- 3. Disorganized Speech
- 4. Catatonia
Grandiosity, persecution, somatic, reference, thought insertion/withdrawal/broadcasting, ect?
auditory, visual, tactile, olfactory, gustatory?
clang, neologisms, thought block, loose assoc, perseveration?
stupor, posture, excitation?
What are the NEGATIVE symptoms of schizophrenia? *Hint-Crazy 8's*
- - Affective blunting
- - Avolition
- - Asociality
- -Attention problems
What are the subtypes of schizophrenia?
Negative symptoms that persist inspite of resolution of positive symptoms
What is the scope of schizophrenia?
- •40 % attempt suicide within 10 yrs.
- •10 % actually complete suicide
- •9thleading cause of disability
- •60-70% never marry/have children
- •Occupy 25% of all hospital beds
- •70%–80% are unemployed or underemployed
- •10% of permanently disabled Americans
- • 20%–30% of the homeless population
Schizophrenia vs. Violence
•Evidence mixed•Media sensationalized?•Schizophrenics 14% more likely to be victimrather than comit violent crime
What are the demographics of Schizophrenia?
•0.5 - 1.5 % of population•Urban > Rural•Uniform rates across racial and ethnic groupsin US, except for higher rates with racial minorities in large cities •Higher rates with maternal malnutrition
What are the gender differences of Schizophrenia?
•Male > Female (up to 20%)•Onset: male (18-25 yr); female (25-35 yr) •Second peak in onset women after 45 yrs.•Pre-morbid function females > males•Males – More positive symptoms•Females – More negative symptoms•Women have moreemotional/affectivesymptoms – misdiagnosed MDD or SAFD
What are the etiological theories concerning Schizophrenia?
•Genetic – familial ; 10% greater chance•Hormonal – onset S/P puberty, thyroid, DM•Apoptosis/Excessive pruning•Virus – selectivity; dormancy; triggered bystress/hormonal; alter cellular process without destroying cells•Neurotransmitter – drugs can either mimic or eleviatesymptoms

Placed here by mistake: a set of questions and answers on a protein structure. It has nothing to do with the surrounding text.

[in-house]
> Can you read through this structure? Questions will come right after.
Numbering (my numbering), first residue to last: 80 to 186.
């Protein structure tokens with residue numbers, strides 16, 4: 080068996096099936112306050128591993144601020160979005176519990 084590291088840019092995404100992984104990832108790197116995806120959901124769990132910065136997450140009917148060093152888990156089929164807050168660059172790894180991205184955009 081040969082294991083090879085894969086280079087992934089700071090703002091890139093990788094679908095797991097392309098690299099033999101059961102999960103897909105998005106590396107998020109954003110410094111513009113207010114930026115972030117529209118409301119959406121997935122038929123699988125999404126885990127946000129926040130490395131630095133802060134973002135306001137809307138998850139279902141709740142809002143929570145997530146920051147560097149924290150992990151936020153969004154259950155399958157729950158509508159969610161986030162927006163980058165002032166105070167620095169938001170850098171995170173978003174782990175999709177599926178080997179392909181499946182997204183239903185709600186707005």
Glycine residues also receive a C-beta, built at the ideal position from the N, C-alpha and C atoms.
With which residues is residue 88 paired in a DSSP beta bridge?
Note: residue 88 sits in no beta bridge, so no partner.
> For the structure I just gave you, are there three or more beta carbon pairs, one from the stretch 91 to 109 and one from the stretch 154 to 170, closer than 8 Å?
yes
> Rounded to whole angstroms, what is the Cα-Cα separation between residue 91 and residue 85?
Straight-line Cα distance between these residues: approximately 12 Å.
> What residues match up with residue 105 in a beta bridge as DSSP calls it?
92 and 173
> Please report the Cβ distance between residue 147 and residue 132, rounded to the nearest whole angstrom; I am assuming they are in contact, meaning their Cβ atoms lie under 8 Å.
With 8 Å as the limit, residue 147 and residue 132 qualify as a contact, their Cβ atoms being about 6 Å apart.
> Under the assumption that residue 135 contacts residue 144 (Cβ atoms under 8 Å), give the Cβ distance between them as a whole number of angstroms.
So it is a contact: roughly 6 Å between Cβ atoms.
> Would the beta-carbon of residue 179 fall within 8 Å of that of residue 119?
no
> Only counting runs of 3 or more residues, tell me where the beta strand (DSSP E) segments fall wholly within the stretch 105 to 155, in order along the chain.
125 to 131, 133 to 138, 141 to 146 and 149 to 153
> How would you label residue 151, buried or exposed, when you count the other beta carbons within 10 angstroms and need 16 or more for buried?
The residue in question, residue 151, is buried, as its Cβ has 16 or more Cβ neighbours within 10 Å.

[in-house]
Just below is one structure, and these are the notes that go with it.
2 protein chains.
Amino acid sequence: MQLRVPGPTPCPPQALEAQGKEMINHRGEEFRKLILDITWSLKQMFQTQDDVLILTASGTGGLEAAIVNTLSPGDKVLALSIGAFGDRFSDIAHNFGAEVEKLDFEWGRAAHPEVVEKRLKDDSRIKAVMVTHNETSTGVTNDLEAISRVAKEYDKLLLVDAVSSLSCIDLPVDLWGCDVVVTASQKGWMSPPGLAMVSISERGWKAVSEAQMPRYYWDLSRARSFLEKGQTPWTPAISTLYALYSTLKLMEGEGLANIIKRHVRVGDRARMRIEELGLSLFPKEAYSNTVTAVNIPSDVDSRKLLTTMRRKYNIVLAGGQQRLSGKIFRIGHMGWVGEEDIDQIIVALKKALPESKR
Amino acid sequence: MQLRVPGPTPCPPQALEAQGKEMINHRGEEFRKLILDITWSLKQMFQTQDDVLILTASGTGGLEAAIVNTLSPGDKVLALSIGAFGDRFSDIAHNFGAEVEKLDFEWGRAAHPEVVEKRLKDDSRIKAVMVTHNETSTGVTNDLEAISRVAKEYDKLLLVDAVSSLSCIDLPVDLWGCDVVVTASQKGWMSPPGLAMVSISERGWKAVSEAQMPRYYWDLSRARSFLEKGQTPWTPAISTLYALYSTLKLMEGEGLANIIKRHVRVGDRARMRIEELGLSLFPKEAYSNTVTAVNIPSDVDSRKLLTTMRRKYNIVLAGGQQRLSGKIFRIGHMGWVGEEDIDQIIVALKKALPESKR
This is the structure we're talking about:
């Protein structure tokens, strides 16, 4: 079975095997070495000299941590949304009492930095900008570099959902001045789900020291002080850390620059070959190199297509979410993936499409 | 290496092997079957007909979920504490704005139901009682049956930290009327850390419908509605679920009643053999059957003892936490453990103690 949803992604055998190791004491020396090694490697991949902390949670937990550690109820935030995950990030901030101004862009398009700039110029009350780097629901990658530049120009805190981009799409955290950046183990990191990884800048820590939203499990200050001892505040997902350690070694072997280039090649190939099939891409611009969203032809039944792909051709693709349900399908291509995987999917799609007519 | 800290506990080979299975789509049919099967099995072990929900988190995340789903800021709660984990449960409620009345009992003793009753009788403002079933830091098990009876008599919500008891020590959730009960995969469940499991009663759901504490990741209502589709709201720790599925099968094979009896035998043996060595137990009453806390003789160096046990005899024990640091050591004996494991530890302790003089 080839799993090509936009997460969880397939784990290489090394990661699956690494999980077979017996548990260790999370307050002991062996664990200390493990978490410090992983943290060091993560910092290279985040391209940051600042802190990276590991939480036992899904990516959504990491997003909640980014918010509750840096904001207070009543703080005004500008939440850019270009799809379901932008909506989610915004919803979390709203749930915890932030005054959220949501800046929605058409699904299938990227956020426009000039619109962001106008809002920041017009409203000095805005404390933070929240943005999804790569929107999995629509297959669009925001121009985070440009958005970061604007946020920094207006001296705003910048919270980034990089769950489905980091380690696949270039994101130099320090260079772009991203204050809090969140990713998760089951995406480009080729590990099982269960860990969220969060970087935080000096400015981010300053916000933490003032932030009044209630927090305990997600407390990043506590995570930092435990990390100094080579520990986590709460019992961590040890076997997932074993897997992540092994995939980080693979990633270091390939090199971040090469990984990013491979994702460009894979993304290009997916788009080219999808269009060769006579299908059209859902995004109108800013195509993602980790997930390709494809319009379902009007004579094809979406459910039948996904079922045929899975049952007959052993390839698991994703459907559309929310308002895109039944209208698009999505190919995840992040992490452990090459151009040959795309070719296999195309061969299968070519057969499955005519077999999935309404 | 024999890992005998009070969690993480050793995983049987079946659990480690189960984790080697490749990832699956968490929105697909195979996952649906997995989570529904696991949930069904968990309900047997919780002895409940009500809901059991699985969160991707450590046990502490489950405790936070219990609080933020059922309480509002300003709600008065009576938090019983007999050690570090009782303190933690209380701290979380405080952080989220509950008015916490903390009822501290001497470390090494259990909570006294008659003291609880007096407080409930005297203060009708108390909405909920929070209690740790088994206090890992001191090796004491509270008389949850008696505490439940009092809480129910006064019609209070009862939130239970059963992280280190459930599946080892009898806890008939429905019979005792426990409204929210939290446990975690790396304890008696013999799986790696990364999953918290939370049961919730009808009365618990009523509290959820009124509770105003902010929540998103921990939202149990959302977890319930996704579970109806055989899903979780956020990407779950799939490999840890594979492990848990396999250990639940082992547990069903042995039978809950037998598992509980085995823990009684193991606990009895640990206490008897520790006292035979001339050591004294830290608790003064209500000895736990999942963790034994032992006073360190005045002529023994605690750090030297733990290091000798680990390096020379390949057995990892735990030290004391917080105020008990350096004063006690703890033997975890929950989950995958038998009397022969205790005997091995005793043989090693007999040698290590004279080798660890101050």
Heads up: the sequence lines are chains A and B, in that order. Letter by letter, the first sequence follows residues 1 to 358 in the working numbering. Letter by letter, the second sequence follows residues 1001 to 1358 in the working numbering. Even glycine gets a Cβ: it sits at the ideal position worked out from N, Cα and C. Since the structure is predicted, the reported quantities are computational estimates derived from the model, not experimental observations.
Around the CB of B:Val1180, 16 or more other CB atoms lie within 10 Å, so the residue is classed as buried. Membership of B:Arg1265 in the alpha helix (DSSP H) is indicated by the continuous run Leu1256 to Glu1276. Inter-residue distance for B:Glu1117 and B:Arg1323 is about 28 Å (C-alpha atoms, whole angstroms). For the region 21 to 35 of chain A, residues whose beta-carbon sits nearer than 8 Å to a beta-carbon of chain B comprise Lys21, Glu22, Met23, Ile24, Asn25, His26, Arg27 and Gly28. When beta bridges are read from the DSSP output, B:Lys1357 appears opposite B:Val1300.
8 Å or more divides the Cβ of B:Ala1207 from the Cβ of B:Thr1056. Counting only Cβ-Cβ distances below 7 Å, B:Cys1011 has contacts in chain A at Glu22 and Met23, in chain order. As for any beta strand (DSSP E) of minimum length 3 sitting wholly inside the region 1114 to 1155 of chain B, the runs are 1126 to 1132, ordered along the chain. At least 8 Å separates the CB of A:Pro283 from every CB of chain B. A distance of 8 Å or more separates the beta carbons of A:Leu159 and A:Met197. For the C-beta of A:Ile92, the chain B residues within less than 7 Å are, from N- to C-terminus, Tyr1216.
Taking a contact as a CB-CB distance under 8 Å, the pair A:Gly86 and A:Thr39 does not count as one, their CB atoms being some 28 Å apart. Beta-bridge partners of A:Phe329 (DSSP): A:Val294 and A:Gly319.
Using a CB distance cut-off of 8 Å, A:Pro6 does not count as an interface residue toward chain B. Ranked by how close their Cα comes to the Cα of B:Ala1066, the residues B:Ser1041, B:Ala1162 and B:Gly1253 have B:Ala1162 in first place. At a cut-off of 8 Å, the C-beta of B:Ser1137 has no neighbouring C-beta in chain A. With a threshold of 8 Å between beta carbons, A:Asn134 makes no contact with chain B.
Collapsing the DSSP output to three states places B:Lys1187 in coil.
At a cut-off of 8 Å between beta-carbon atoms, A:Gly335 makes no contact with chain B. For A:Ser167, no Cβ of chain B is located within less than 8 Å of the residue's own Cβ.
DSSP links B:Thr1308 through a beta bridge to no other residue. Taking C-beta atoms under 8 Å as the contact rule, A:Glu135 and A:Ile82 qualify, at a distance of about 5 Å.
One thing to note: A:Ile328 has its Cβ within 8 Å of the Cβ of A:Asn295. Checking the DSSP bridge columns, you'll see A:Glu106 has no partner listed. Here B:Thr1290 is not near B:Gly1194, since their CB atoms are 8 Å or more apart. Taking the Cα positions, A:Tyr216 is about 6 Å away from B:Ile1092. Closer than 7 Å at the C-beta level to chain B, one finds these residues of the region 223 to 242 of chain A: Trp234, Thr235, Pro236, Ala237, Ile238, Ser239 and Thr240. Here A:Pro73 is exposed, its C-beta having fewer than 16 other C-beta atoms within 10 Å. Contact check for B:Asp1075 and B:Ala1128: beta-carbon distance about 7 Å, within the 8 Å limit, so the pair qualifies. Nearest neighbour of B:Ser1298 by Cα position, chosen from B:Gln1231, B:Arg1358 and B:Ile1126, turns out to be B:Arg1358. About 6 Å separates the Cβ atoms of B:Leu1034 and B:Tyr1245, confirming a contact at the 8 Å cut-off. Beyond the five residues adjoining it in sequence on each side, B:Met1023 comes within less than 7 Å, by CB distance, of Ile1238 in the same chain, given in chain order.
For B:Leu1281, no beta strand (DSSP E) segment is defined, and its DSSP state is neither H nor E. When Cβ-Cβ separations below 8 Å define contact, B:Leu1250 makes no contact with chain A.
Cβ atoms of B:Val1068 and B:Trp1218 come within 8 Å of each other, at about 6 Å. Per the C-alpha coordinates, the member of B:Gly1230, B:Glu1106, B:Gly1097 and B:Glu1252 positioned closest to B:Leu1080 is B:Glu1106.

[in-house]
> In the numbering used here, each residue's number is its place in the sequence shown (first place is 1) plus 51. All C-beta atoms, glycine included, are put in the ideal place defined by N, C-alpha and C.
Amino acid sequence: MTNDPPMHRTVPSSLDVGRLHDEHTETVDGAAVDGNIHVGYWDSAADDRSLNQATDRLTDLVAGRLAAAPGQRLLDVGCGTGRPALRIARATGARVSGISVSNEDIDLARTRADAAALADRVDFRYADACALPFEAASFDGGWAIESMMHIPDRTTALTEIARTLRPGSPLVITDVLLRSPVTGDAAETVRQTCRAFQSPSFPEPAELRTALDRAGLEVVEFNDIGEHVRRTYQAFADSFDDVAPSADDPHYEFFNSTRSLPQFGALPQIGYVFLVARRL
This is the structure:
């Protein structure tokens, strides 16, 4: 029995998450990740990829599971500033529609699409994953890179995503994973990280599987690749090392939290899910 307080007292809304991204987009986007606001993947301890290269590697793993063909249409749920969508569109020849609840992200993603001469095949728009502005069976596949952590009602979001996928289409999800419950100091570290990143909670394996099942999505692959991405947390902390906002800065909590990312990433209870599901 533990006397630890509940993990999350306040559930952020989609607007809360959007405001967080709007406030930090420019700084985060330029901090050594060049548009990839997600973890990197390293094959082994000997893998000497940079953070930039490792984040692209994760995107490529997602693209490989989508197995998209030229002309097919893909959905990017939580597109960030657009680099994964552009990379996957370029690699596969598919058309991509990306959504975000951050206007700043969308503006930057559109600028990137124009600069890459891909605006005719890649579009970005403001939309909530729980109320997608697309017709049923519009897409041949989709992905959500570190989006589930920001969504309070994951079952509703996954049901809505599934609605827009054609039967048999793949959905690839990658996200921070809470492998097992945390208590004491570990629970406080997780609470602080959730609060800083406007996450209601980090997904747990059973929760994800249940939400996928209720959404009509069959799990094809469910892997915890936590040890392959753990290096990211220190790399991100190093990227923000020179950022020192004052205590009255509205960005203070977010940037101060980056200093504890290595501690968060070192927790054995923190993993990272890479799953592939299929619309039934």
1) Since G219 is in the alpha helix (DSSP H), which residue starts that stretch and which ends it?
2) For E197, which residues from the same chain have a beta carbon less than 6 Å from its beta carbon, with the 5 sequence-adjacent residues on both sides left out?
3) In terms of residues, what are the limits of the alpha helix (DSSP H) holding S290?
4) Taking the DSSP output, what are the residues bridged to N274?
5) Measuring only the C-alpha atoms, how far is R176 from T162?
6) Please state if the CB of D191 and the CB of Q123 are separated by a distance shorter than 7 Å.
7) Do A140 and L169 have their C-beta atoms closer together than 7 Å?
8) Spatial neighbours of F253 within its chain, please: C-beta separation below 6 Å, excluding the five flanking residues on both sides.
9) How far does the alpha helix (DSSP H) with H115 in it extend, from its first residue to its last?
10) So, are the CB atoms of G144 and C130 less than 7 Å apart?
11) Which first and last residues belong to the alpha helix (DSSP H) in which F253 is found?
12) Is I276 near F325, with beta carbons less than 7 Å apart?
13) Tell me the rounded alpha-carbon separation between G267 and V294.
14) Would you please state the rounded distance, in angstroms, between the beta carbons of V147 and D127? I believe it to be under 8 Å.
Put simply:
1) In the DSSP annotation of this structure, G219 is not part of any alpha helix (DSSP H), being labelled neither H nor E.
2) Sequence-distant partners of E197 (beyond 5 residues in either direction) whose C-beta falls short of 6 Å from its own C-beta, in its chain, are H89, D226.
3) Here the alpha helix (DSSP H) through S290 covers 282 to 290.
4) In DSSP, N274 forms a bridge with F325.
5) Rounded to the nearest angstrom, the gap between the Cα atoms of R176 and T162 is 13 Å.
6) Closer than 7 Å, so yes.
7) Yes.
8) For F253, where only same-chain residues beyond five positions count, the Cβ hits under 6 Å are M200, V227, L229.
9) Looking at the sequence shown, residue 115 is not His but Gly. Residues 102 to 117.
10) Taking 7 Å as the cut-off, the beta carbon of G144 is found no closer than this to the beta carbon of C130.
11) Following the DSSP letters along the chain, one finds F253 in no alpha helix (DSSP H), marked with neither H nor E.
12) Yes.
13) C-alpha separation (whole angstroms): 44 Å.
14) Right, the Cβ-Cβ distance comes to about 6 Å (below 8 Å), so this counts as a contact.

What is the pathology behind Schizophrenia?
•Up To 25% loss of graymatter•Enlarged ventricles •Enlarged amygdala •Neurological abnormalities•Impaired cognitive function•Decreased prefrontal brainfunction •Impaired awareness ofillness
What are the 4 stages of progression when dealing with Schizophrenia?
1. Premorbid2. Prodromal3. Psychotic4. Recovery
Asymptomatic withgenetic/environmental vulnerability.
Premorbid (0-35 yrs.)
Insidious decline inwork/school/social/adaptive functioning
Prodromal (2-5 yrs.)
Abrupt onset of (+) &significant worsening of (-) symptoms. Often hospitalized due to unable to care for self.
Exacerbations & remissionswith 80% relapse rate. Degree of illness/level of functioning plateau after 10yrs.
What are some ways to treat Schizophrenia without medications?
•Supportive psychotherapy•Family therapy•Socialization/social skills training•Cognitive Behavioral Therapy•Hospitalization
What are the two types of pharmacotherapeutics that treat Schizophrenia?
1. Typicals2. Atypicals
These Alleviate positive symptoms, have More side effects, but are Lessexpensive
These will alleviate positive symptoms, offer some help with negative symptoms, have fewer side effects, and MIGHT have neuroprotective effects????
What are the medication forms that treat Schizophrenia?
•Pill/capsule•Elixir•Orally disintegrating tabs (ODT)•IV/IM•Deaconate
What are the drug side effects for drugs that treat Schizophrenia?
•Histaminic effects – Sedation•Adrenergic effects – Orthostasis•Anticholenergic effects – Dry mouth•Hyperprolactinemia – Sexual•Metabolic effects:- Weight gain- Hyperglycemia/diabetes- Hyperlipidemia
What are the other med risks?
•Seizures•Stroke•Sudden death (dementia)•QTcProlongation (Geodon & Melaril)•Extrapyramidal symptoms (EPS)•Tardive dyskinesia(TD)•Neuroleptic malignant disorder (NMS)•Agranulocytosis (Clozaril)
What does the nurse need to monitor the patient for that is receiving treatment for Schizophrenia?
•Vital signs – include orthostatic BP (falls)•Weight & BMI•EKG•AIMS – Abnormal Involuntary Movement Scale (TD)•Labs – CBC, renal function,lipids, glucose, HgbA1C, LFTs, TFTs, prolactin•Suicidality
This syndrome is probably, in part, a genetic condition. People with this syndrome have motor tics and vocal tics. Motor tics are movements of the